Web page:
December 1998

Features

The Man Who Wasn’t There

Dec 1, 1998 By Helen Thorpe

Who gives a hoot about an owlish auteur with nary a directing credit in twenty years? All of Hollywood, that’s who—which is why Austinite Terrence Malick’s The Thin Red Line is the most anticipated film of the season.

Addicted to Sex?

Dec 1, 1998 By Jim Atkinson

Even if you’re not, many Texans are: Sex Addicts Anonymous has 61 chapters across the state, tending to the tattered psyches of exhibitionists and other tormented souls.

. . . And the Rest

Jan 20, 2013 By Texas Monthly

Pajarito Mountain If you really want to get away from the crowds, scoot over to Los Alamos, thirty miles west of Santa Fe. The nearby Pajarito ski area is almost as top secret as the town was when the Manhattan Project begat the atomic bomb there in the forties.

Taos Ski Valley

Jan 20, 2013 By Texas Monthly

No skiing experience has been quite as intimidating as the first time I saw Al’s Run, driving up to the base of the Taos ski area. A narrow alley shooting up the lift line and angling almost straight up toward the heavens, Al’s brought on instant acrophobia. An exceptional…

Ski Apache

Jan 20, 2013 By Texas Monthly

Ski Apache is a mountain of the unexpected. Nestled on the northern flank of the 12,003-foot Sierra Blanca peak near Ruidoso, it is one of America’s southernmost ski resorts, so you can simultaneously enjoy mild winter temperatures and alpine snow. The high elevation, generous acreage, and steeply pitched chutes…

Red River Ski Area

Jan 20, 2013 By Texas Monthly

Like Aspen, Breckenridge, and Telluride in Colorado, Red River is a mining town that, through a few parallel quirks of geology, geography, luck, and timing, happened to evolve into a ski town. But that old mining town, unique to New Mexico as it might be, isn’t what lends Red…

Ski Santa Fe

Jan 20, 2013 By Texas Monthly

I’ve been told that Santa Fe is a pretty good town for food, art, and plush hotel bars with roaring fireplaces. I wouldn’t know. I’ve come here to sit on my rear—I’ve come here to snowboard. I’ve been a skier for more than twenty years, and over the past…

Angel Fire Resort

Jan 20, 2013 By Texas Monthly

Angel Fire resort, a town of 1,200 twenty-two miles northeast of Taos near Eagle Nest Lake, is the planned-resort version of Red River, conceived in the Moreno Valley between Eagle Nest and Taos 32 years ago—Angel Fire is to Red River what Vail is to Aspen on a New…

Columns

He Told Us So

Dec 1, 1998 By johnbjudis

University of Texas economist Jamie Galbraith used to get laughed at when he preached the gospel of full employment. No one’s laughing anymore.

Dow Town

Dec 1, 1998 By Carol Chapman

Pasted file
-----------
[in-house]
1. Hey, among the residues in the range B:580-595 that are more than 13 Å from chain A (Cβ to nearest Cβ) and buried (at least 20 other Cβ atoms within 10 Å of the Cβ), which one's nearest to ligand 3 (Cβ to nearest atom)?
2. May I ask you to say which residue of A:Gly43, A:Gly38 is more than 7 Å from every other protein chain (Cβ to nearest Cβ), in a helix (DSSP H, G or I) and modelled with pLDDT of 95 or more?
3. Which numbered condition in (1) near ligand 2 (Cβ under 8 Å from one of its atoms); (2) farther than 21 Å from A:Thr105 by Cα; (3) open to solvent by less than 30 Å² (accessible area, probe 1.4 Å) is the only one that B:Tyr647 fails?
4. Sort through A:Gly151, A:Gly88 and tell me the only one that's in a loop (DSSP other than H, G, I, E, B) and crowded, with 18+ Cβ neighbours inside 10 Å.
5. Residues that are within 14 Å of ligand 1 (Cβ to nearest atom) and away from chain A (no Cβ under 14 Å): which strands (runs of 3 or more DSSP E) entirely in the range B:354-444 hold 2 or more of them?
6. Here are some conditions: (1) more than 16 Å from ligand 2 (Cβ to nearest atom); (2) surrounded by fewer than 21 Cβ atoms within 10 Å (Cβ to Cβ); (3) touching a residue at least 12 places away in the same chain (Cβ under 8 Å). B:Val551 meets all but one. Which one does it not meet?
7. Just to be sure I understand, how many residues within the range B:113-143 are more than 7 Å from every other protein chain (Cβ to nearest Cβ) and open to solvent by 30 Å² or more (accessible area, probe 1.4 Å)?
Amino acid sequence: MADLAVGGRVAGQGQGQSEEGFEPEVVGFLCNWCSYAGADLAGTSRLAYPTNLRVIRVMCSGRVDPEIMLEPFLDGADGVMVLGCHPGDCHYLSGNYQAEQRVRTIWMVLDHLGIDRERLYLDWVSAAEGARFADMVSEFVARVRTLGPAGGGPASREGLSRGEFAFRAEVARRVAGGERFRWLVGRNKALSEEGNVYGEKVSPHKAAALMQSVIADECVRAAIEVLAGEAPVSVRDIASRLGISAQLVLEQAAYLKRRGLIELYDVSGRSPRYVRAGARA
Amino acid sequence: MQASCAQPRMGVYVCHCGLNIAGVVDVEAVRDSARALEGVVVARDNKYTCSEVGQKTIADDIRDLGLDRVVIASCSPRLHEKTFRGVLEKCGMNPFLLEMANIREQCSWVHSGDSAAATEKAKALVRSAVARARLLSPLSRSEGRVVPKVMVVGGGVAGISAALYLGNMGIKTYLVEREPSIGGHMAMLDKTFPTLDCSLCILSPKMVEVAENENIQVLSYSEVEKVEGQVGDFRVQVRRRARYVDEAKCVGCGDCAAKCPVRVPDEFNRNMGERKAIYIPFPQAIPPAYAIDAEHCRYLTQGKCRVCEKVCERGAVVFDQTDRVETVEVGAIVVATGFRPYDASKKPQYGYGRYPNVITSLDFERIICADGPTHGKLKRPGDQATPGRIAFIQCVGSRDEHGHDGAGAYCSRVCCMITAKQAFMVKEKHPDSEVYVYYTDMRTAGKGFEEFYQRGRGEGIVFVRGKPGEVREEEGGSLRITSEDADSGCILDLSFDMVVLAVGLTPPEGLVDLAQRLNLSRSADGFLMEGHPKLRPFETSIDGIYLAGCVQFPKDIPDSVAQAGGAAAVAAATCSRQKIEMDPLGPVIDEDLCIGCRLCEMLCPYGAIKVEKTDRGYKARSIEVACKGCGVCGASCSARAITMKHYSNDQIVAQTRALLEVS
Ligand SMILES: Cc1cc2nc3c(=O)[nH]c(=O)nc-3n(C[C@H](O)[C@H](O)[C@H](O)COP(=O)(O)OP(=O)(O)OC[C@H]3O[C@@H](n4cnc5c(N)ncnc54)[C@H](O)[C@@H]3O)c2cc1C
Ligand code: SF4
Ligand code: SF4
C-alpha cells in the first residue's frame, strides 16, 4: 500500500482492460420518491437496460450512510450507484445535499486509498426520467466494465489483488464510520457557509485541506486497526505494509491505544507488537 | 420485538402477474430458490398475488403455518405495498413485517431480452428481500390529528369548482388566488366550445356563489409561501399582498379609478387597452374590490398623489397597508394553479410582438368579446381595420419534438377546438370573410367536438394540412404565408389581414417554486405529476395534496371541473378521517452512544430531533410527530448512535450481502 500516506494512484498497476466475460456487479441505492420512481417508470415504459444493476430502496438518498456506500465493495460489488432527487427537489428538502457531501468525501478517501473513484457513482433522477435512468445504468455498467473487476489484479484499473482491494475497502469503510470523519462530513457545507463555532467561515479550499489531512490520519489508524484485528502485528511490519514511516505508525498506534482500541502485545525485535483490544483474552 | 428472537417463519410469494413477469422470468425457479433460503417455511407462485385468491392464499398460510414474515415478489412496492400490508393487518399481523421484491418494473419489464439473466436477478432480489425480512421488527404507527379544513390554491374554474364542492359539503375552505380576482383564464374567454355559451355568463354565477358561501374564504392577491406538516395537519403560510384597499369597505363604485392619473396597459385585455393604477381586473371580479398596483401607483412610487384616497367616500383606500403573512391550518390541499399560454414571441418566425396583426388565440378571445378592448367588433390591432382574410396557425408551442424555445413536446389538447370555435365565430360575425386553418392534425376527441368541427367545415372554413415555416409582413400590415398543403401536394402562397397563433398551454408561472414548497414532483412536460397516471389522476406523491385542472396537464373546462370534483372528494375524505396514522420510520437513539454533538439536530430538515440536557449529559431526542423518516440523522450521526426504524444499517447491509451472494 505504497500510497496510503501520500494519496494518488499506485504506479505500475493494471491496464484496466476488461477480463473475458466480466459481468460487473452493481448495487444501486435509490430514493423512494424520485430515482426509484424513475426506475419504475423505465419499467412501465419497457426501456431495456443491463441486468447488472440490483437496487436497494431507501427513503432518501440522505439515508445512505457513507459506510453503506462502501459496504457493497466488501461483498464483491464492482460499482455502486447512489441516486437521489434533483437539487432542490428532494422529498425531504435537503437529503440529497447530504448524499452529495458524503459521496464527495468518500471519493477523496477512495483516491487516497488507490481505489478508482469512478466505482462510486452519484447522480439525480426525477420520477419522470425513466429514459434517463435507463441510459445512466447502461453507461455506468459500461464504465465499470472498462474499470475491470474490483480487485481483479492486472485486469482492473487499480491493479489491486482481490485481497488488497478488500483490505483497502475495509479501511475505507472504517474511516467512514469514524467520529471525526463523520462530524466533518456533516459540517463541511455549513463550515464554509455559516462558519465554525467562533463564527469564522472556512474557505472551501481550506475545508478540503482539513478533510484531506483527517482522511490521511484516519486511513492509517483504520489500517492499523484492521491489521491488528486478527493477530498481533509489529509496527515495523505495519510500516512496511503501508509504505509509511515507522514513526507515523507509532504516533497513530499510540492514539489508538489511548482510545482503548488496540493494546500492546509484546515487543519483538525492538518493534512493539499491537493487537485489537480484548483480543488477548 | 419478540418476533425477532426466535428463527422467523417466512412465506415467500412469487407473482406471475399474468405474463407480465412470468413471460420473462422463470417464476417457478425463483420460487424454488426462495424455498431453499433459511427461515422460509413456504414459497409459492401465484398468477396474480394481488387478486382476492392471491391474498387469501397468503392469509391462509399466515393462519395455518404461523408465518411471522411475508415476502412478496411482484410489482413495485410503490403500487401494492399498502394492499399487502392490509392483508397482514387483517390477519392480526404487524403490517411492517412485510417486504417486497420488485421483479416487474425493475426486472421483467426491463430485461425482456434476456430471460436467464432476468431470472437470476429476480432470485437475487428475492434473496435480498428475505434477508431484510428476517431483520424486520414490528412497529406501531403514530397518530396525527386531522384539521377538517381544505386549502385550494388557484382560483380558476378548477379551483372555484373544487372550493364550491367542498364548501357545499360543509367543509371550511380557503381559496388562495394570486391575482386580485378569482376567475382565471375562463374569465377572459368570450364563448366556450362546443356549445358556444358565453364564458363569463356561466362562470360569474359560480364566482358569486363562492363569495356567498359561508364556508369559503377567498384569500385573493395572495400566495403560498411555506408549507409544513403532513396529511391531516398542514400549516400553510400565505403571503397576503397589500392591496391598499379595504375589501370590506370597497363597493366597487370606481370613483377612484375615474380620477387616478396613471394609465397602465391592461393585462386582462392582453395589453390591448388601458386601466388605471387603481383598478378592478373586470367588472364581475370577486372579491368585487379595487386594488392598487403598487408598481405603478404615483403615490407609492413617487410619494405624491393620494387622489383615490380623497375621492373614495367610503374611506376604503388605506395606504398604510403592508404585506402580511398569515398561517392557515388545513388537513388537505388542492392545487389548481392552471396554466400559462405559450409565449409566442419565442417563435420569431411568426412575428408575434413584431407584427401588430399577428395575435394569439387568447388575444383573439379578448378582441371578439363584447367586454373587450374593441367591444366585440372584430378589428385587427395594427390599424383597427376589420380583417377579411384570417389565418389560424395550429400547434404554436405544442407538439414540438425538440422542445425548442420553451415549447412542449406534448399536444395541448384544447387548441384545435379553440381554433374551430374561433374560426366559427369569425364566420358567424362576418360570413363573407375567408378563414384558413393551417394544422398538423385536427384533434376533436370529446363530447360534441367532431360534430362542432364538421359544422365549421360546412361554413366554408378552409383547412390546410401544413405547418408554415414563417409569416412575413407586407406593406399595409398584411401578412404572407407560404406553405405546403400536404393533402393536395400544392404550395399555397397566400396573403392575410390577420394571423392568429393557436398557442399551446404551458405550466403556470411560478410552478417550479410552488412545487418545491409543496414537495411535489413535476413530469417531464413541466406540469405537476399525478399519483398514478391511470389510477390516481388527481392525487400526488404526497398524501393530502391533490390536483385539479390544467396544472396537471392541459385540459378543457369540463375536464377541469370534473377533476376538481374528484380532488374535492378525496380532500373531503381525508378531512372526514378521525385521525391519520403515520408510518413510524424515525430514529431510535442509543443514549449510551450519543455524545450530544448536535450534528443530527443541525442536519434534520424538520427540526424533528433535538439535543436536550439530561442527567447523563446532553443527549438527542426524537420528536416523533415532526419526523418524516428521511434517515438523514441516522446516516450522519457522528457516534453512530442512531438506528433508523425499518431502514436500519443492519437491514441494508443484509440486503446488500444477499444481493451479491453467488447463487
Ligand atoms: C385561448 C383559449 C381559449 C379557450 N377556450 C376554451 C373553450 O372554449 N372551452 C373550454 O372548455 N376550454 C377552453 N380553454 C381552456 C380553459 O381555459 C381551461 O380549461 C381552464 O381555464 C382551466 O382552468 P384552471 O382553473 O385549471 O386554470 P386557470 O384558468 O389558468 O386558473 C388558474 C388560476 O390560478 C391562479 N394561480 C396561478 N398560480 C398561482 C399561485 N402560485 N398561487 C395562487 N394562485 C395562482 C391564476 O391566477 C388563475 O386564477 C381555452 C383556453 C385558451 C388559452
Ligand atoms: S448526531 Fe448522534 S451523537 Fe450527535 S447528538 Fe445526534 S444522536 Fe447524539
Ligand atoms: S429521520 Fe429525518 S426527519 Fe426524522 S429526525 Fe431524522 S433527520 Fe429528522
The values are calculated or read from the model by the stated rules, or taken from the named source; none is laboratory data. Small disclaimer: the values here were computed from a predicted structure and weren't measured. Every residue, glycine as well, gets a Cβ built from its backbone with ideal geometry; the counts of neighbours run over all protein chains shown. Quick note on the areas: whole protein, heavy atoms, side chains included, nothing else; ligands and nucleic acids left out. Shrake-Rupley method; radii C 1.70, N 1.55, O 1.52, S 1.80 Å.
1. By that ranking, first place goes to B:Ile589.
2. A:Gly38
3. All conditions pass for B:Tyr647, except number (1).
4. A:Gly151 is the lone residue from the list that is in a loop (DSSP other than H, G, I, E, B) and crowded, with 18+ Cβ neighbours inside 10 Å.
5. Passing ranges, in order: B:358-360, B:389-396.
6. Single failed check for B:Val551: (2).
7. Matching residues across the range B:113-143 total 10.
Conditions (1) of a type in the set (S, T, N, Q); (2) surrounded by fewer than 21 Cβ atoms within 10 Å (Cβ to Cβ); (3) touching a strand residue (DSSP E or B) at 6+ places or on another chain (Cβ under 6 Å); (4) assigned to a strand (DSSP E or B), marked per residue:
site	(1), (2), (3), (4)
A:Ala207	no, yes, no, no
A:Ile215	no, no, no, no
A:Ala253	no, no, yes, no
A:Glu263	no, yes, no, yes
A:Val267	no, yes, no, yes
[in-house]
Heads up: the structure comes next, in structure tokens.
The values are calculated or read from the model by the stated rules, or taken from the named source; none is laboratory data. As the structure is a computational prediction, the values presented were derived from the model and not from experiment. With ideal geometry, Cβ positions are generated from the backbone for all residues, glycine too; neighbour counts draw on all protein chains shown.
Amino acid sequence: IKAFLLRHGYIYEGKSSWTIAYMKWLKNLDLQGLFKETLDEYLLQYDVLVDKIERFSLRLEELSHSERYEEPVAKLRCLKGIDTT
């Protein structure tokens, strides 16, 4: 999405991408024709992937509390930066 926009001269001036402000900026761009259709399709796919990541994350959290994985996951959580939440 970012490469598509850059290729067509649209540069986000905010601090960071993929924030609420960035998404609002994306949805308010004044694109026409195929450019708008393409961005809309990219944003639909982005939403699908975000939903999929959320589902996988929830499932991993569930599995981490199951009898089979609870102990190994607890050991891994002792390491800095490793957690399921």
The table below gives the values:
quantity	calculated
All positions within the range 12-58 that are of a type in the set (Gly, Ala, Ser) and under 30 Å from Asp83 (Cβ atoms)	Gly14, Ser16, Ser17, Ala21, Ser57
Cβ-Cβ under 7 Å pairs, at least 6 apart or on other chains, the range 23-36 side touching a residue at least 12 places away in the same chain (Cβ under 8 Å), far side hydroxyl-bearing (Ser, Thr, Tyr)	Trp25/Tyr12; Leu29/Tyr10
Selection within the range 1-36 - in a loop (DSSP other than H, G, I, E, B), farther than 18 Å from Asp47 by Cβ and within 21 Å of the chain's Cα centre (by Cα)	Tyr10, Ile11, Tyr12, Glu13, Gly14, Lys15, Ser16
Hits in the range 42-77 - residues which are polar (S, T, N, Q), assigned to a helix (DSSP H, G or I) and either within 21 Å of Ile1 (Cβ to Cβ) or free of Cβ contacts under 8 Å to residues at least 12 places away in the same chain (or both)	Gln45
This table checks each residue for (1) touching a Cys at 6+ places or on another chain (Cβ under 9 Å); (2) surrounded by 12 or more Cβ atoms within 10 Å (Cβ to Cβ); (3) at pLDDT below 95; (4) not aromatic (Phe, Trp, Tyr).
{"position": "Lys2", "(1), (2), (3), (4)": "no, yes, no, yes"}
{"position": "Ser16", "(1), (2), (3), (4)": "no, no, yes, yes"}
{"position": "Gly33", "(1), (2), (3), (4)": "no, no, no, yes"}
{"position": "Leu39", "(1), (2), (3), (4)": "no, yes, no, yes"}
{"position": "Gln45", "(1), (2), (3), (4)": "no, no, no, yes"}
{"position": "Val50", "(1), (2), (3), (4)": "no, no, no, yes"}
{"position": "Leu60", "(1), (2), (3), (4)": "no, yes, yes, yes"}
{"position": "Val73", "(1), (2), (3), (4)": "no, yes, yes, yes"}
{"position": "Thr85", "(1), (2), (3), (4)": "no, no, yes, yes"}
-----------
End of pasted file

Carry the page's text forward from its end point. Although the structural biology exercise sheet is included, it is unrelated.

When I was growing up in Lake Jackson, the center of my world was a park owned by my father’s employer. Forty years later, most of it has been sold to a developer, and natives like me are having a chemical reaction.

My Hero, Dorough

Dec 1, 1998 By Jeff McCord

He jammed with Miles Davis, enlivened Saturday morning children’s TV, and signed his first major-label record deal at 73. Meet jazz giant Bob Dorough.

Killer C

Dec 1, 1998 By Jim Atkinson

If you had a blood transfusion before 1992 or have ever shared a needle, you could have hepatitis C. You may feel fine, but it could be killing you.

Reporter

Love Stories

Dec 1, 1998 By Beth Pinsker

Once you get past a pregnant Drew Barrymore waddling through a characterless Texas backdrop, there aren’t many laughs in the comedy Home Fries, which was shot in Austin in 1996 and opened in theaters around the country on November 25. On the fall film festival circuit, audiences groaned at the…

CD and Book Reviews

Dec 1, 1998 By Texas Monthly

Hot CDs Coming Home, the debut release from Paula Nelson (Luck Records), one of Willie’s daughters, proves that the 29-year-old shares at least one thing with her father: the ability to say so much with so few words. This contemporary singer-songwriter’s CD, which deftly weaves a “chamber pop” ensemble around…

Surprised Parties

Dec 1, 1998 By Paul Burka

Here’s what Republicans and Democrats were talking about after the November 3 election. George W. Bush’s coattails. They were frayed at best, even though the GOP swept every statewide race. The governor got 68 percent of the vote, but the victorious Republican candidates for lieutenant governor and comptroller, Rick Perry…

Phyllis George

Dec 1, 1998 By Patricia McConnico

My mother used to say, “Phyllis, settle down and smell the roses.” I was very busy. I went to church on Sundays, I was the president of the Methodist Youth Fellowship, I was a cheerleader, and for fourteen years I played classical piano. Growing up in Denton was a very…

Miscellany

International Males

Dec 1, 1998 By Jordan Mackay

Texas seems to have a town named for every place in the world. There’s Paris, Turkey, London, Athens—you get the idea. But when we say that two illustrators featured in this month’s issue, Henrik Drescher and Olaf Hajek, are from New Zealand and Berlin, respectively, understand that we really mean…

Around the State

Dec 1, 1998 By Texas Monthly

Why not party like it’s 1999-since it will be? Watch Junior Brown, Alvin Crow, and other troubadours ring in a honky-tonk New Year (Austin, Forth Worth, San Antonio, and Elsewhere). Plus: A benefit concert by the nation’s top cello fellow (Dallas); a filling exhibit of oil company ads (Elsewhere); Mexican…

Web

West African Couscous

Jan 20, 2013 By Texas Monthly

1/2 cup peanut oil or other vegetable oil 2 medium yellow onions, sliced 1 4- to 5-pound roasting chicken, cut into 8 pieces, washed and patted dry 3 10 1/2-ounce cans condensed chicken broth 2 teaspoons turmeric 1 teaspoon ground cumin 1 teaspoon ground…